Now up until this point, everyone had pretty much been in agreement with one another on carrying the motions.  But after some land sales and purchases had been approved, the red rag of the evening came up.

Because there are some things in Oberursel, that will always cause a debate the flair up.  And mentioning the “Altkönigsportplatz” is one of them.

The OBG had tabled a motion asking for the building on that particular sports field to be repaired and to protect it from the winter elements.  The reason for this is that the heating has been turned off by the chimney sweep, and the toilets, showers and changing rooms are apparently now unusable.

The dilemma is, that the building may be pulled down next year if the land is sold off to fund the new swimming pool, but technically this is not yet decided and other land of the same size should be sold first, with the decision due next year.  So the town may well invest in something that they only need for this winter.

Now the kiosk at the station came into play.  Andreas Bernhardt from the OBG quoted Charmaine Weisenbach from the CDU as saying “contracts are to be kept to” during the debate about the kiosk contract last month, as there is a contract with the sports club in question.   He also pointed out that the SPD to this day still claim that they want to keep the sports field and make it more attractive to use on their website.

“The petition to hold a referendum on the kiosk at the station shows that we do not listen to the voices of the citizens enough” he concluded.

Although it emerged that the decision of the sports field may be closer than expected, with Christina Herr from the Green party stating that we may know in 6 to 8 weeks whether the field will be sold in the summer, and CDU, SPD and the Green party agreeing that the heating will be repaired once they are certain that the field is staying as a sports field, the kiosk was now somehow playing an unexpected part in the debate.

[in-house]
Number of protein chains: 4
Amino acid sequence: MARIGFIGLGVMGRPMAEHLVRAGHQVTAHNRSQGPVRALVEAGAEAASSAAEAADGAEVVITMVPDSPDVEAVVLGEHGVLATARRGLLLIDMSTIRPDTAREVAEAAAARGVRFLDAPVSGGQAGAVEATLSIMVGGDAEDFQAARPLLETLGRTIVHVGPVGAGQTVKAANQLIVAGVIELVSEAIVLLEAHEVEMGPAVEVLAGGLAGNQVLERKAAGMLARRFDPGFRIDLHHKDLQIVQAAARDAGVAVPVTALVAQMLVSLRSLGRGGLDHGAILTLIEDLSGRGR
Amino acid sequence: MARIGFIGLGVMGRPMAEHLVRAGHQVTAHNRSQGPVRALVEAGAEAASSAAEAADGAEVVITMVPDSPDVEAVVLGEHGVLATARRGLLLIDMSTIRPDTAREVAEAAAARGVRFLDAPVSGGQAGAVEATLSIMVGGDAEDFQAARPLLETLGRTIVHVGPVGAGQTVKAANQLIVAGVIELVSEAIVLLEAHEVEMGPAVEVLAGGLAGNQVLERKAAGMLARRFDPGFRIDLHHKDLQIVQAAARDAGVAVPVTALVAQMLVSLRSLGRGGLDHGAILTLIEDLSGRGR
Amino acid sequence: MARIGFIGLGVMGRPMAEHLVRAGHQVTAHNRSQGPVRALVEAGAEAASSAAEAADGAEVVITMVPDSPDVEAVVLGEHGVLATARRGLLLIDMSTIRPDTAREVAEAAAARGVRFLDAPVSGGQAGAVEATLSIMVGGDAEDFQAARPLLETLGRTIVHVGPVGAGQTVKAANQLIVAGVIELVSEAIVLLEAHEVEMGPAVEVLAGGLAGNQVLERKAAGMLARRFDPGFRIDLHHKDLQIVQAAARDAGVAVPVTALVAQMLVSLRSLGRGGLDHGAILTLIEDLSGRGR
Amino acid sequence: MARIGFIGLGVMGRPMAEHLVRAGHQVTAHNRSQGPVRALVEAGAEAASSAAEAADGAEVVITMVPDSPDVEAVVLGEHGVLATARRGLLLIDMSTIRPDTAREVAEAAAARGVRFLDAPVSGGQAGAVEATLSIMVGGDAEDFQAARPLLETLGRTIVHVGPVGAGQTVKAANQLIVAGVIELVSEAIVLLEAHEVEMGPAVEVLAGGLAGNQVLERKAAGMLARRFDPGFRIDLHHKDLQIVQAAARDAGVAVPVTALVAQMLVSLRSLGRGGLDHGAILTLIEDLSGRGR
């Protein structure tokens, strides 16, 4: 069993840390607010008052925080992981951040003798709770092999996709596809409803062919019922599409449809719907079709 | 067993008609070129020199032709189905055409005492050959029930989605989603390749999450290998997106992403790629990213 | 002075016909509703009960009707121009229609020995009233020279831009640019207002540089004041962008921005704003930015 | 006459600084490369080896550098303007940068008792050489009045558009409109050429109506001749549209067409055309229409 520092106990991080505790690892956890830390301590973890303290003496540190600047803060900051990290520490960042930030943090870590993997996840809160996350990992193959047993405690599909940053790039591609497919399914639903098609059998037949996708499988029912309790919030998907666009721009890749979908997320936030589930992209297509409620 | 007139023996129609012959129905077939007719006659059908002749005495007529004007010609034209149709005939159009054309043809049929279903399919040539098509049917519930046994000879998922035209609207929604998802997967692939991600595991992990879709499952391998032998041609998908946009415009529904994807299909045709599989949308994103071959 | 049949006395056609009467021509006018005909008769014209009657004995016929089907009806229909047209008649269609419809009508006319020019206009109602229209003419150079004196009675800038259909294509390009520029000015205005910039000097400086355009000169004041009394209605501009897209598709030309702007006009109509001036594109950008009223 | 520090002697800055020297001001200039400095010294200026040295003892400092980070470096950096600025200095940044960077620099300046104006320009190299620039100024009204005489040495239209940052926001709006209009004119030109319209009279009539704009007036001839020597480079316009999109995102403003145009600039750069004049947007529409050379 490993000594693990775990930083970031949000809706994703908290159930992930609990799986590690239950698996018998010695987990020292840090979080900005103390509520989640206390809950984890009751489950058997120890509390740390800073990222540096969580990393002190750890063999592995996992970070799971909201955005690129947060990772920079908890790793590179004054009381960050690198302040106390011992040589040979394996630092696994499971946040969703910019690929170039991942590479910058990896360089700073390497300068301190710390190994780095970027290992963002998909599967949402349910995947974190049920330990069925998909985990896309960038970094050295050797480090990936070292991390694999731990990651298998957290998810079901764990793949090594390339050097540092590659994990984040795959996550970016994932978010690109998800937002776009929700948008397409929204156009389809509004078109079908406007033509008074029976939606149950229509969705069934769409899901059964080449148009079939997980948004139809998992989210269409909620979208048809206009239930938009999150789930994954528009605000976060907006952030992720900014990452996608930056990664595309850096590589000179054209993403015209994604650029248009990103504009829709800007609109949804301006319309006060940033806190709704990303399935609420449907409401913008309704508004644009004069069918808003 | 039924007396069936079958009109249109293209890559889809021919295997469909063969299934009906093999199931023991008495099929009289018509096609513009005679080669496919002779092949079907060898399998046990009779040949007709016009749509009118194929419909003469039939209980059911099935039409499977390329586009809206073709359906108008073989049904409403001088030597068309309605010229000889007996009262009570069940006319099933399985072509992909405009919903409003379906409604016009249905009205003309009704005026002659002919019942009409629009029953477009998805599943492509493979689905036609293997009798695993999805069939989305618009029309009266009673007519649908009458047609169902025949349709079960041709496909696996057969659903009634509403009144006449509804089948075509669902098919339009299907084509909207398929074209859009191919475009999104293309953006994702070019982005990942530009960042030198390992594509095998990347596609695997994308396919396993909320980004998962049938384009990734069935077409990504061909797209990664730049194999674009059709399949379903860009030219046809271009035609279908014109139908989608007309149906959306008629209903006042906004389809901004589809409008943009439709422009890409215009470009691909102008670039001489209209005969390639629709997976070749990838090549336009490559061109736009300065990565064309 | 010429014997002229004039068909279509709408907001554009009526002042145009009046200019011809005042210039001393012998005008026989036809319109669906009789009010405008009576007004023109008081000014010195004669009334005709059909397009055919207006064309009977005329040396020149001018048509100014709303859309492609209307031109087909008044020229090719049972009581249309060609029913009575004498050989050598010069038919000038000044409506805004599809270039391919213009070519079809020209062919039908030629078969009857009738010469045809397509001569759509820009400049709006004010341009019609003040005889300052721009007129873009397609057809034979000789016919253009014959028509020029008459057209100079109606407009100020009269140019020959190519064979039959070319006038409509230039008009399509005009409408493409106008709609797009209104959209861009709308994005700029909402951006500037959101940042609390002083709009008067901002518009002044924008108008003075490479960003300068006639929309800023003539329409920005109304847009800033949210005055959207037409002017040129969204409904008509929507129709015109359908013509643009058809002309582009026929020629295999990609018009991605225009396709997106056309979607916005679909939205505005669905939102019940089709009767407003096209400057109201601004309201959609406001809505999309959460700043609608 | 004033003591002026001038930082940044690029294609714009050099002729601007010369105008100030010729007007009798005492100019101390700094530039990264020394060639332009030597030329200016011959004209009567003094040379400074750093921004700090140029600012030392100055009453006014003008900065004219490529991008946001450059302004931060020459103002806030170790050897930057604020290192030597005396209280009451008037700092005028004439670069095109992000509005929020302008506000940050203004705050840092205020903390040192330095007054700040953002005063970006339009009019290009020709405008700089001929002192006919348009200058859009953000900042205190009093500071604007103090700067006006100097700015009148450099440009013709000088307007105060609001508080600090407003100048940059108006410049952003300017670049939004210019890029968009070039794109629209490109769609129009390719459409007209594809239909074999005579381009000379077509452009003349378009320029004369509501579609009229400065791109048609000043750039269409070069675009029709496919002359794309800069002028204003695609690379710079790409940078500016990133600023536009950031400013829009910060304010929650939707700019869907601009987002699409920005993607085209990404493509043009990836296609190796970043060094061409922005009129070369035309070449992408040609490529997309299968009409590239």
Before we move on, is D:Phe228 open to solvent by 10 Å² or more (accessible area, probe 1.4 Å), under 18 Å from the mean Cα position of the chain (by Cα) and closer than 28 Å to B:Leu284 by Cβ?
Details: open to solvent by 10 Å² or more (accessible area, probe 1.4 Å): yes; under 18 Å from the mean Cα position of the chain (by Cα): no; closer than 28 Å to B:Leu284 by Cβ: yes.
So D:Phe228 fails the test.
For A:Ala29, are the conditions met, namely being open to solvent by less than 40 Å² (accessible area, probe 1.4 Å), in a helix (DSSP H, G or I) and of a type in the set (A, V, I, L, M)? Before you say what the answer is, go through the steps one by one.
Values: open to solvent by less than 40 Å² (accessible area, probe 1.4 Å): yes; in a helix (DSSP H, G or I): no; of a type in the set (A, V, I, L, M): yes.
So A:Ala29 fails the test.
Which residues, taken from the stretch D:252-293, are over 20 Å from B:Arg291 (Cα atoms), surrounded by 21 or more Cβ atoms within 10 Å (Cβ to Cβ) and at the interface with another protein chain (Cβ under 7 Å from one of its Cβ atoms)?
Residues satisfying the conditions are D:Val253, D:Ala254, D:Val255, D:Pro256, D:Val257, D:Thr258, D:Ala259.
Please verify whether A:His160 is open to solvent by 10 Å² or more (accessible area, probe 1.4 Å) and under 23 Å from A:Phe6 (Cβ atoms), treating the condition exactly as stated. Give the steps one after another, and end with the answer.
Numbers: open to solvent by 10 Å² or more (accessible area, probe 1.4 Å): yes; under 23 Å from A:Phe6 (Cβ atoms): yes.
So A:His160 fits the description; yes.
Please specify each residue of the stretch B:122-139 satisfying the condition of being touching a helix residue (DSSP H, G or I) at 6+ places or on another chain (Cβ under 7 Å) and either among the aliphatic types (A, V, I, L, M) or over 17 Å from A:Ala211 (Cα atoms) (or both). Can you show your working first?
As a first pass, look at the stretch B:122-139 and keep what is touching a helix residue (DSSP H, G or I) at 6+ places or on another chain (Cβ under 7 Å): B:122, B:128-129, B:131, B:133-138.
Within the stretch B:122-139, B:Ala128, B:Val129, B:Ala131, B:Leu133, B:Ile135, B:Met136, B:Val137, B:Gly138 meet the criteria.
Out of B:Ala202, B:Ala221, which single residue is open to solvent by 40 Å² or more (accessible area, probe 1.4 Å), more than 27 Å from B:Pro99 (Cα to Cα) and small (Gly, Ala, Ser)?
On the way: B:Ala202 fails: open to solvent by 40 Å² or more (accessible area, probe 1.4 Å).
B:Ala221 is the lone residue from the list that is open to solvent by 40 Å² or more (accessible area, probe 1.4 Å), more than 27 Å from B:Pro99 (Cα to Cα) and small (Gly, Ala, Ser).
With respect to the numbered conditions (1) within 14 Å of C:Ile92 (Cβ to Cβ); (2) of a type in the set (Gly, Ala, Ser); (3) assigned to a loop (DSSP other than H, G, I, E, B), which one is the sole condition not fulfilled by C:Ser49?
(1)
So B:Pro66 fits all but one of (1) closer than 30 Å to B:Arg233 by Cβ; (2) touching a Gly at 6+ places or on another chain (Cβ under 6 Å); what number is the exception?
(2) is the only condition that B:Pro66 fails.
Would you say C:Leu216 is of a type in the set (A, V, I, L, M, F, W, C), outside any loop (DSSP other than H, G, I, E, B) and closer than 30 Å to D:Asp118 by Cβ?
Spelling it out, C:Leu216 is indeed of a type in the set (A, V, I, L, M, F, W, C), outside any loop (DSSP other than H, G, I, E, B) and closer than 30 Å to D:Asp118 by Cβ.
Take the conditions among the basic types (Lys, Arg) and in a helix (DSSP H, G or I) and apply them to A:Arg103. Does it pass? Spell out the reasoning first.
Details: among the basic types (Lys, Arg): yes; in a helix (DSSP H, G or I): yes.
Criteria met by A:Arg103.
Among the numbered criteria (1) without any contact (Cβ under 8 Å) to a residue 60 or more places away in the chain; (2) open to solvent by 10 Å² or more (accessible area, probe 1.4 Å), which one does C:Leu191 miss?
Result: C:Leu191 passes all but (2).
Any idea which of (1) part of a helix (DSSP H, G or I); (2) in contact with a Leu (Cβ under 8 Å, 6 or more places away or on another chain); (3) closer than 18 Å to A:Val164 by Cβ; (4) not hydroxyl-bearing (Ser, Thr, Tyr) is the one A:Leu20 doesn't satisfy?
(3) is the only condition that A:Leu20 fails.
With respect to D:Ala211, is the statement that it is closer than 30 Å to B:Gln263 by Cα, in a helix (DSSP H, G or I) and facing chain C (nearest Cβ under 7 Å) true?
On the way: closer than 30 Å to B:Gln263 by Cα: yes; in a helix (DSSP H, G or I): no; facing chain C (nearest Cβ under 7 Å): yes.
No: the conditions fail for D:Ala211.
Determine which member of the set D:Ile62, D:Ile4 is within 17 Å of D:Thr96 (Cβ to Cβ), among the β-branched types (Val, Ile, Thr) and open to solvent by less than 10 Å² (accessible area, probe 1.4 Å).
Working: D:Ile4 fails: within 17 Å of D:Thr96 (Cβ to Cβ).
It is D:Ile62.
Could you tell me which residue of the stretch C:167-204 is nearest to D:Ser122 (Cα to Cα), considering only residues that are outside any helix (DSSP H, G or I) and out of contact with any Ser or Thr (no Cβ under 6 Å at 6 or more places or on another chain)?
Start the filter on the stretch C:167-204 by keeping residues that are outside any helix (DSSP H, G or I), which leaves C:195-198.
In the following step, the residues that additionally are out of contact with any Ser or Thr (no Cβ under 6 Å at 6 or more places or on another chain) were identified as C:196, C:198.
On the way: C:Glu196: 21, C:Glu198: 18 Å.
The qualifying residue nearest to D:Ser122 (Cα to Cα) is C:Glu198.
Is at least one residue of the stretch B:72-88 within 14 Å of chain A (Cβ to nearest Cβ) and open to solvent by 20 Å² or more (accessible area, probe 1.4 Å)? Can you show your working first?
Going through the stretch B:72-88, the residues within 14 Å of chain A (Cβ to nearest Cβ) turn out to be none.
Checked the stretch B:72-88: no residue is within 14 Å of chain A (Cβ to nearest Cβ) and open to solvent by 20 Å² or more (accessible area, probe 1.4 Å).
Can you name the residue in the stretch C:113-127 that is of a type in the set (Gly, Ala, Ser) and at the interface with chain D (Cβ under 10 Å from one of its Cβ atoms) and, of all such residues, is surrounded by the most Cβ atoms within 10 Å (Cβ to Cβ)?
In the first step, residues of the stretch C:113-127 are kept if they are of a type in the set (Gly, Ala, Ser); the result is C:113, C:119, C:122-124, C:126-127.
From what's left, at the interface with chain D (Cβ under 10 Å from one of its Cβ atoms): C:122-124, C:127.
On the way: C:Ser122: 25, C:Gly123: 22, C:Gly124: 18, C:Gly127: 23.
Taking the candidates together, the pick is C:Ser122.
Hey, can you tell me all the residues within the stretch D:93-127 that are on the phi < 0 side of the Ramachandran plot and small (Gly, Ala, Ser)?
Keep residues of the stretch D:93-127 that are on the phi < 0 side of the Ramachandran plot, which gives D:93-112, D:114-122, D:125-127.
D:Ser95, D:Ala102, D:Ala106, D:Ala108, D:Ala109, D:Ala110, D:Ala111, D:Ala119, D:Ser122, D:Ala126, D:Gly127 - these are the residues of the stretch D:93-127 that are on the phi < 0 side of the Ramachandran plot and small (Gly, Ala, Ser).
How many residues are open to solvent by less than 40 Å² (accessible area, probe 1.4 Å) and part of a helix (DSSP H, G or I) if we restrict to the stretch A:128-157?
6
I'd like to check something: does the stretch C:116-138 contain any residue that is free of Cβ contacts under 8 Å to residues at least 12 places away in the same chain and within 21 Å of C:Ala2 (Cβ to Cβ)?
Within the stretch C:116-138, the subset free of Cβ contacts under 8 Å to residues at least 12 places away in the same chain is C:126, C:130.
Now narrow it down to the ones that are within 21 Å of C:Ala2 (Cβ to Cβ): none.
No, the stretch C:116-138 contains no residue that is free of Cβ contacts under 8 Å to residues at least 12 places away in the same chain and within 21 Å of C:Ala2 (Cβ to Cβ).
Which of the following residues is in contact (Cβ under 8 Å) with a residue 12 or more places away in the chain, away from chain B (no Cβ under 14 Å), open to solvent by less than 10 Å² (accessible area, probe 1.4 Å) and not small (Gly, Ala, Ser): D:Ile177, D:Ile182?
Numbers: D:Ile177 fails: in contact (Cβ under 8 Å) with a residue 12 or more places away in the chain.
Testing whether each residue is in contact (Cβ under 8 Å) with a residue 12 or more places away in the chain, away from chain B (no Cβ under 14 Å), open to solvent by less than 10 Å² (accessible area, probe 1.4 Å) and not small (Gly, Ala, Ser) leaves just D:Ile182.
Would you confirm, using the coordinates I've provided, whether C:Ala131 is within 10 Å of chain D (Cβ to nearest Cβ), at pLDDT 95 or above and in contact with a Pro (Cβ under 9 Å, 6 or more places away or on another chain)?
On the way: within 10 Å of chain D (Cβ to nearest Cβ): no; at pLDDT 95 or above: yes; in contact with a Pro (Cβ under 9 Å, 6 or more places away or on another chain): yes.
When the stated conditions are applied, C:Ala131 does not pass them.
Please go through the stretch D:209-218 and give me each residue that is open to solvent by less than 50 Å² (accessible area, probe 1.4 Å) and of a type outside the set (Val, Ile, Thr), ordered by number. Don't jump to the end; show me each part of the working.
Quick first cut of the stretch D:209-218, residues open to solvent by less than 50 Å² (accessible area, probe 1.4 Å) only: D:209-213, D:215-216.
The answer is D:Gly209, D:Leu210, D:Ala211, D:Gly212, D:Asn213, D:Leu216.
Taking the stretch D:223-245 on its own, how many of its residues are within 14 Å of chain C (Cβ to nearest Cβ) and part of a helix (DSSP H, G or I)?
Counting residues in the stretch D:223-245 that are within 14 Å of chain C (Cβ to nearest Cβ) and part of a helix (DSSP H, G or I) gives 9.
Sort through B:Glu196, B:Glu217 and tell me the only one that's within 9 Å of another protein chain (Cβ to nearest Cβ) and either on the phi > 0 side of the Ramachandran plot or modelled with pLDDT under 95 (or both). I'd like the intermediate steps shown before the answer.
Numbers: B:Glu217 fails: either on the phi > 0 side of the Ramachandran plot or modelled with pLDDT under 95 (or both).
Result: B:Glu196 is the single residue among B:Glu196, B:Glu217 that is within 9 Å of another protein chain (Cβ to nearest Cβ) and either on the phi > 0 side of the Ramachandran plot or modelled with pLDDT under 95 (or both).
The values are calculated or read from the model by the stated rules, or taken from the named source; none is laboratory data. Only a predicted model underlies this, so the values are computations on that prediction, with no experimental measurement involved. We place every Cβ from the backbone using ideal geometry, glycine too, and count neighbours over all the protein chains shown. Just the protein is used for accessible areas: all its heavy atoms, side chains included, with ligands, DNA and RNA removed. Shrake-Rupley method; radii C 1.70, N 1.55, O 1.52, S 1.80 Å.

An iceberg - © Herr, referring back to the petition, said that the politicians would do well to wait and see what happens, and then decide how to handle the result.  She promised that the Green party will deal with the petition, even if it does not  have the required number of signatories.

Dr. Winter however took a different view and criticised the OBG of jumping on the kiosk bandwagon to gain votes.  “The newspaper articles only reflect the tip of the iceberg”, he said.  “If the citizens knew everything, their opinions would be different.”

So we conclude the year by wondering what it is about that kiosk that we do not know.  If the petition gets enough signatures and a referendum is held, then maybe we will find out.

As for the motion on the building at the sports field, that was turned down when everyone except the OBG voted against it.



About Graham Tappenden

Graham Tappenden is a British ex-pat who first came to Oberursel in 1993 and returned with his family to live there in 2003. He has been writing for since 2006. When not writing blog posts or freelancing for the Oberurseler Woche he works as a self-employed IT consultant solving computer problems and designing websites. In 2016 he gained German citizenship.